MFA Spokesman's Comments on Recent Reports of Malaysian Concerns Over the Proposed Joint Ministerial Committee (JMC) and Suggestions in the Malaysian Media to Use the JMC to Discuss Outstanding Bilateral Issues.

22 May 2007

In response to media queries on recent reports of Malaysian concerns over the proposed Joint Ministerial Committee (JMC), the MFA Spokesman said:

"Prime Minister Lee Hsien Loong and Prime Minister Abdullah Badawi had agreed in Langkawi that it would be useful to set up a Joint Ministerial Committee (JMC) as a platform for Singapore and Malaysia to explore ideas for collaboration in the Iskandar Development Region (IDR) project, and ways in which Singapore can help the IDR to succeed. The JMC will not be involved in the running of the IDR. Malaysian officials themselves have made this clear. Johor Menteri Besar Abdul Ghani Othman has said that the Committee is "neither consultative nor has decision-making powers in its role" (Bernama, 18 May 2007), while the High Commissioner to Singapore N Parameswaran had reportedly debunked "baseless allegations that the formation of a joint Malaysia-Singapore committee to oversee the cooperation in the Iskandar Development Region (IDR) would affect Malaysia's sovereignty." (Bernama, 18 May 2007)

This being so, Singapore does not see how the setting up of the JMC is a "concession" to Singapore as some have suggested.

"However, to avoid any misapprehension, Singapore will let Malaysia take the lead on the JMC. We will proceed with it only if the Malaysian and Johor authorities want us to do so."

In response to media queries about suggestions in the Malaysian media to use the JMC to discuss outstanding bilateral issues, the MFA Spokesman said:

"The JMC is a forum with a specific purpose, that is, to facilitate Singapore-Malaysia cooperation in the IDR."

As for the outstanding bilateral issues, the two leaders had agreed to deal with them later and not let them hold back the bilateral cooperation in the IDR. Singapore shares the view of Prime Minister Abdullah, when he said that "We'll deal with the outstanding issues later. We don't want to get blocked while trying to resolve these issues, while there are other things that we would like to do" (Bernama, 15 May 2007). As Prime Minister Lee had said in Langkawi, these outstanding bilateral issues are not easy to resolve. It is best to deal with them separately in a way that will be completely acceptable to both sides, and at the same time not affect the overall bilateral relationship. Prime Minister Lee cited the example of Pedra Branca, which is being settled amicably through adjudication at the International Court of Justice.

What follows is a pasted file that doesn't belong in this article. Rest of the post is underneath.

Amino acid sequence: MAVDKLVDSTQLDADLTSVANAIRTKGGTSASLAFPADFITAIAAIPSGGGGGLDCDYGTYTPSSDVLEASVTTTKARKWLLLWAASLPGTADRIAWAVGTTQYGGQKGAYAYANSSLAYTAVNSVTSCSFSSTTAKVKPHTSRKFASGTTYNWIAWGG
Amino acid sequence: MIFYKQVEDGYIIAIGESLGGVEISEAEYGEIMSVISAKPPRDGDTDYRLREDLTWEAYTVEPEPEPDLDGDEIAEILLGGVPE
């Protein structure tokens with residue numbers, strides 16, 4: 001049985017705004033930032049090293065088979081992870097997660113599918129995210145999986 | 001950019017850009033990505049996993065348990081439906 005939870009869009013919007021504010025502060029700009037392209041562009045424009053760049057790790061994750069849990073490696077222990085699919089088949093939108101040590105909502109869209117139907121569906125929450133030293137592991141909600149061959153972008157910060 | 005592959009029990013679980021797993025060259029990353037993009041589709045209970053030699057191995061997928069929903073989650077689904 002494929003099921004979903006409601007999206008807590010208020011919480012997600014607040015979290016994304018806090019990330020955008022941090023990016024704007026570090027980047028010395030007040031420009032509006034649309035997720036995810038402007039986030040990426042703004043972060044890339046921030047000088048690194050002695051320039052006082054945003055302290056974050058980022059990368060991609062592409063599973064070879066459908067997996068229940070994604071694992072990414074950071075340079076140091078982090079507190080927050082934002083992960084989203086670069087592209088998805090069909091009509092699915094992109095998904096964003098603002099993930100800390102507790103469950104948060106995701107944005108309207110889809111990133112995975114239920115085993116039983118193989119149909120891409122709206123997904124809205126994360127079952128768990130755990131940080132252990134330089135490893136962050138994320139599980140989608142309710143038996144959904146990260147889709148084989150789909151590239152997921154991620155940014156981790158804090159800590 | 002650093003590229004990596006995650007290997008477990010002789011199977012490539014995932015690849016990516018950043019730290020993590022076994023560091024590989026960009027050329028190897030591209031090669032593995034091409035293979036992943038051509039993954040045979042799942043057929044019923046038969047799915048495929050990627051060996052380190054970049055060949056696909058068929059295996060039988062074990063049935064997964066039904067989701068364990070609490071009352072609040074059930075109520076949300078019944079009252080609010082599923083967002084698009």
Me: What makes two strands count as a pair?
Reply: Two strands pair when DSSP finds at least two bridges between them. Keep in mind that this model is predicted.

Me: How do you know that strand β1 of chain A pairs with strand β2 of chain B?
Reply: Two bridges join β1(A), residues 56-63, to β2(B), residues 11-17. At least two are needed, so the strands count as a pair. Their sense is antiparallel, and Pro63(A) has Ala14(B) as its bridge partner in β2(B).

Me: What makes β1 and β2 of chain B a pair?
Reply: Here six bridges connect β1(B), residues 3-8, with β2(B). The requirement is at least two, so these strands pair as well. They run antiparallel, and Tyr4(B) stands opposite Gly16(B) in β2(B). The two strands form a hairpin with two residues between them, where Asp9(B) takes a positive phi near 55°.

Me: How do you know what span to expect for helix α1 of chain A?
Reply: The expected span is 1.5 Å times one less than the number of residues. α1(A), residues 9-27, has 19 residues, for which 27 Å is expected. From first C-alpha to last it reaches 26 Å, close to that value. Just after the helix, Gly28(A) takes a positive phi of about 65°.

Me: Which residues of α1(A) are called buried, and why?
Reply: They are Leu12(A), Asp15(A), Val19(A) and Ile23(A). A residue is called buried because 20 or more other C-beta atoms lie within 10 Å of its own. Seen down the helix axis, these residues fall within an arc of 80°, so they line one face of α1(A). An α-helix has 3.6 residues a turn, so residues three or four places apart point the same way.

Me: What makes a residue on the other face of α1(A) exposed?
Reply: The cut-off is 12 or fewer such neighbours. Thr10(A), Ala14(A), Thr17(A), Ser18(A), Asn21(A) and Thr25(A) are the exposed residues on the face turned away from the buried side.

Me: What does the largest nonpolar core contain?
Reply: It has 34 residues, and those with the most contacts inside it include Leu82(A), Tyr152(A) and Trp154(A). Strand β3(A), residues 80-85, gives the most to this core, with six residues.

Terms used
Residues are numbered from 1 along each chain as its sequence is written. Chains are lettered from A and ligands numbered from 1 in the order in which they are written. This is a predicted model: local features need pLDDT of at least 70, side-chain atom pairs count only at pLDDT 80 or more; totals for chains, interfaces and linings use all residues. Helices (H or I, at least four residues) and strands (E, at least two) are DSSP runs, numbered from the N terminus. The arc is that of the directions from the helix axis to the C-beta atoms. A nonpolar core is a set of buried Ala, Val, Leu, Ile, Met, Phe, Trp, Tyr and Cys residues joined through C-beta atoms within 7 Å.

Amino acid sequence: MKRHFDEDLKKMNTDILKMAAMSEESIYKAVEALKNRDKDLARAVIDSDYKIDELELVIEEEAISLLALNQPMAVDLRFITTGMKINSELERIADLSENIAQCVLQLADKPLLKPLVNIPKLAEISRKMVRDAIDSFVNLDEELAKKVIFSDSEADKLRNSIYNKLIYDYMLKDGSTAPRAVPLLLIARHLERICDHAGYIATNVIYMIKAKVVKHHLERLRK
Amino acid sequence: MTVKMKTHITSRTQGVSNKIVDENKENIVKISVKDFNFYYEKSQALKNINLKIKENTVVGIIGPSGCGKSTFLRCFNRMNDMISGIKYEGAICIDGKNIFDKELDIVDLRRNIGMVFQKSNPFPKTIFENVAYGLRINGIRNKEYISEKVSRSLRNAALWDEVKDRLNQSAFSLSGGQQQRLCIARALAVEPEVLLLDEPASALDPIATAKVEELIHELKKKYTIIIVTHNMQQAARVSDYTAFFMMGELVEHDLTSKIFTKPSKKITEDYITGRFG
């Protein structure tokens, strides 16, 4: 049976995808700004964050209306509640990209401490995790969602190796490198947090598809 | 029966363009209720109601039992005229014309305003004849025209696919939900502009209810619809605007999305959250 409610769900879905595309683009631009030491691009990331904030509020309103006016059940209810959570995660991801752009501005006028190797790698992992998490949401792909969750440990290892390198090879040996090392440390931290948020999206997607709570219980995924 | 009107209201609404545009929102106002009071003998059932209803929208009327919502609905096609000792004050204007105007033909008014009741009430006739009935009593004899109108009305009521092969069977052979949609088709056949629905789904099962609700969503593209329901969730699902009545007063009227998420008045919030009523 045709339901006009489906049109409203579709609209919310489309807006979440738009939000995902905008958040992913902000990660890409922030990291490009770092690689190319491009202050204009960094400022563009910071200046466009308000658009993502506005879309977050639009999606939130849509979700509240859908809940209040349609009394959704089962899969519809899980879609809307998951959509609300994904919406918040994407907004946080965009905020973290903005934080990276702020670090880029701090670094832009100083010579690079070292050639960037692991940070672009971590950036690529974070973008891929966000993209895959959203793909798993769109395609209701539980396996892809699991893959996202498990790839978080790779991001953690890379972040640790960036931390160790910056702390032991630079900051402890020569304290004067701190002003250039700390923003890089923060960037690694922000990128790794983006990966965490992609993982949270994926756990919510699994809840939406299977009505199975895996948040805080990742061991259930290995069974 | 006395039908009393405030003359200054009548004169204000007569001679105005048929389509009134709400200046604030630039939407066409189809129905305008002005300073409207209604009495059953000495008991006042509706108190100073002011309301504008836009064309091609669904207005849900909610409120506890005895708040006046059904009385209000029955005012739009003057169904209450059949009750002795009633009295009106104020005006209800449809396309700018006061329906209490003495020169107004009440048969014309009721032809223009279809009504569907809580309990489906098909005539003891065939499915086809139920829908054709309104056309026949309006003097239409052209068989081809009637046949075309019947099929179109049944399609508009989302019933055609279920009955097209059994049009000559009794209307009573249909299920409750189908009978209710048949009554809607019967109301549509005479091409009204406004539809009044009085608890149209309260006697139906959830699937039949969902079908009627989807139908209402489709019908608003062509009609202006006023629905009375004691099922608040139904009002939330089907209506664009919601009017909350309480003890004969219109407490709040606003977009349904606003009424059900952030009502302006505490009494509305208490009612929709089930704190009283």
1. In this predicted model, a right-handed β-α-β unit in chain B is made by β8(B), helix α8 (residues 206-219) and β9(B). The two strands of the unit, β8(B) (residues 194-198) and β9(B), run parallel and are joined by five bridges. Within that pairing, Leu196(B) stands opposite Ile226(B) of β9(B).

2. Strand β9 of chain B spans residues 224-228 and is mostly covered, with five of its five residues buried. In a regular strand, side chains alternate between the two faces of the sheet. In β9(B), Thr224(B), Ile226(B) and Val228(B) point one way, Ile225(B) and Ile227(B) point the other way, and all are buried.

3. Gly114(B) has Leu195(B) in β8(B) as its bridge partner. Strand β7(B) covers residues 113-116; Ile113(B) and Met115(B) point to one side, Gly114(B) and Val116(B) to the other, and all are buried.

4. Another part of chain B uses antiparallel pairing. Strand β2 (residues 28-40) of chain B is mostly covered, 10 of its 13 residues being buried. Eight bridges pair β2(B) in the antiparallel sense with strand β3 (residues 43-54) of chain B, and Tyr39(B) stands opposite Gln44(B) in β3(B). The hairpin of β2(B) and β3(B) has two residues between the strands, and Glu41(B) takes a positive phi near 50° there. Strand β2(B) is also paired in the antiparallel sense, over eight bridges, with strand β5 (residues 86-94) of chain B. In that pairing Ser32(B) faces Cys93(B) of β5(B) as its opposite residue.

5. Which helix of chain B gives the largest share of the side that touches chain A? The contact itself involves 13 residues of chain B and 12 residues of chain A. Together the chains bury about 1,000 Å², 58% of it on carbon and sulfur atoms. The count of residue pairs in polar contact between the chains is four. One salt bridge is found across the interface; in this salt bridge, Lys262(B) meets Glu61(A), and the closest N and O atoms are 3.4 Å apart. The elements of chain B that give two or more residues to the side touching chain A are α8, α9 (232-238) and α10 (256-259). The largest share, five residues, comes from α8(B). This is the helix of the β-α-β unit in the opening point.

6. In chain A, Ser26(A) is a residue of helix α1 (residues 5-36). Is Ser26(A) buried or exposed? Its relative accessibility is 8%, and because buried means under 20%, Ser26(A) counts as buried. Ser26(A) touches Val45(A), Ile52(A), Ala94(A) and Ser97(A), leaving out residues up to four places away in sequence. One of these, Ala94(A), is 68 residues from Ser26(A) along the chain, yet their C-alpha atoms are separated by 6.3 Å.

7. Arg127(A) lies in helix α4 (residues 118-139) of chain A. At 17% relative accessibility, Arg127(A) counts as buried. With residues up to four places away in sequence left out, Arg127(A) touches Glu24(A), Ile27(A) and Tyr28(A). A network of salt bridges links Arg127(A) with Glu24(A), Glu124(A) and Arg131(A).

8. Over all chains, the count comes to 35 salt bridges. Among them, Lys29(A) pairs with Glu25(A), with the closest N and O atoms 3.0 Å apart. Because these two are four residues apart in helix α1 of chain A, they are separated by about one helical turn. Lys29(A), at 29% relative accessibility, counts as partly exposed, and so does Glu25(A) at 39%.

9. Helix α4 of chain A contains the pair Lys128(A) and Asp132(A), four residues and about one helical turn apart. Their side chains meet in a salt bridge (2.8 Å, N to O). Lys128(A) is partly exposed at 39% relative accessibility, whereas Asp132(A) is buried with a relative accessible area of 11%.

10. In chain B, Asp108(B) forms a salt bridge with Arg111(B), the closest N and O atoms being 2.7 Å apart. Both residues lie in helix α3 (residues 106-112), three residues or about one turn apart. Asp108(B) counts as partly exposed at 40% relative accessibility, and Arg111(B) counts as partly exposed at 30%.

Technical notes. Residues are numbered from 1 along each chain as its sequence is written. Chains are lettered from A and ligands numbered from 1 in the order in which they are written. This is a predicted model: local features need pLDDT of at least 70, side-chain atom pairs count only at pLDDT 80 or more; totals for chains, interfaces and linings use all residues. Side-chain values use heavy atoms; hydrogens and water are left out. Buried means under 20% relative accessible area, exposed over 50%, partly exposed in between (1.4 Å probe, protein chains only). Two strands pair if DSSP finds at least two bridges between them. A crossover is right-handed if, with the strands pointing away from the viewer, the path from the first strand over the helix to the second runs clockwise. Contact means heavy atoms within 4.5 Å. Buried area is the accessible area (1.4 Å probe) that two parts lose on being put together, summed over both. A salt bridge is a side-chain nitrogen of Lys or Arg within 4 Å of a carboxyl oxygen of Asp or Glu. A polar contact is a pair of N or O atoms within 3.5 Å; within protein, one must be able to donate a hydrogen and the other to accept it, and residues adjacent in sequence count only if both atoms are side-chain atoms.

In Langkawi, both Prime Ministers reaffirmed the importance of Singapore-Malaysia relations not only to the peoples on both sides of the Causeway but also as a catalyst for regional growth. PM Abdullah invited Singapore to support and invest in the IDR project. Singapore studied the project papers it was given. We decided to do so because although the IDR will mean more competitive pressures on Singapore, there are also complementary aspects that will benefit Singapore. This mutual benefit is the only basis for sound long term cooperation because every project means both cooperation and competition. But once an agreement is reached, both parties have to abide by what has been agreed. The terms cannot be subsequently changed for whatever reasons. A good start has been made in Langkawi to move into a phase of strategic cooperation. Singapore looks forward to working closely with Malaysia to make further progress in the months and years ahead.

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22 MAY 2007


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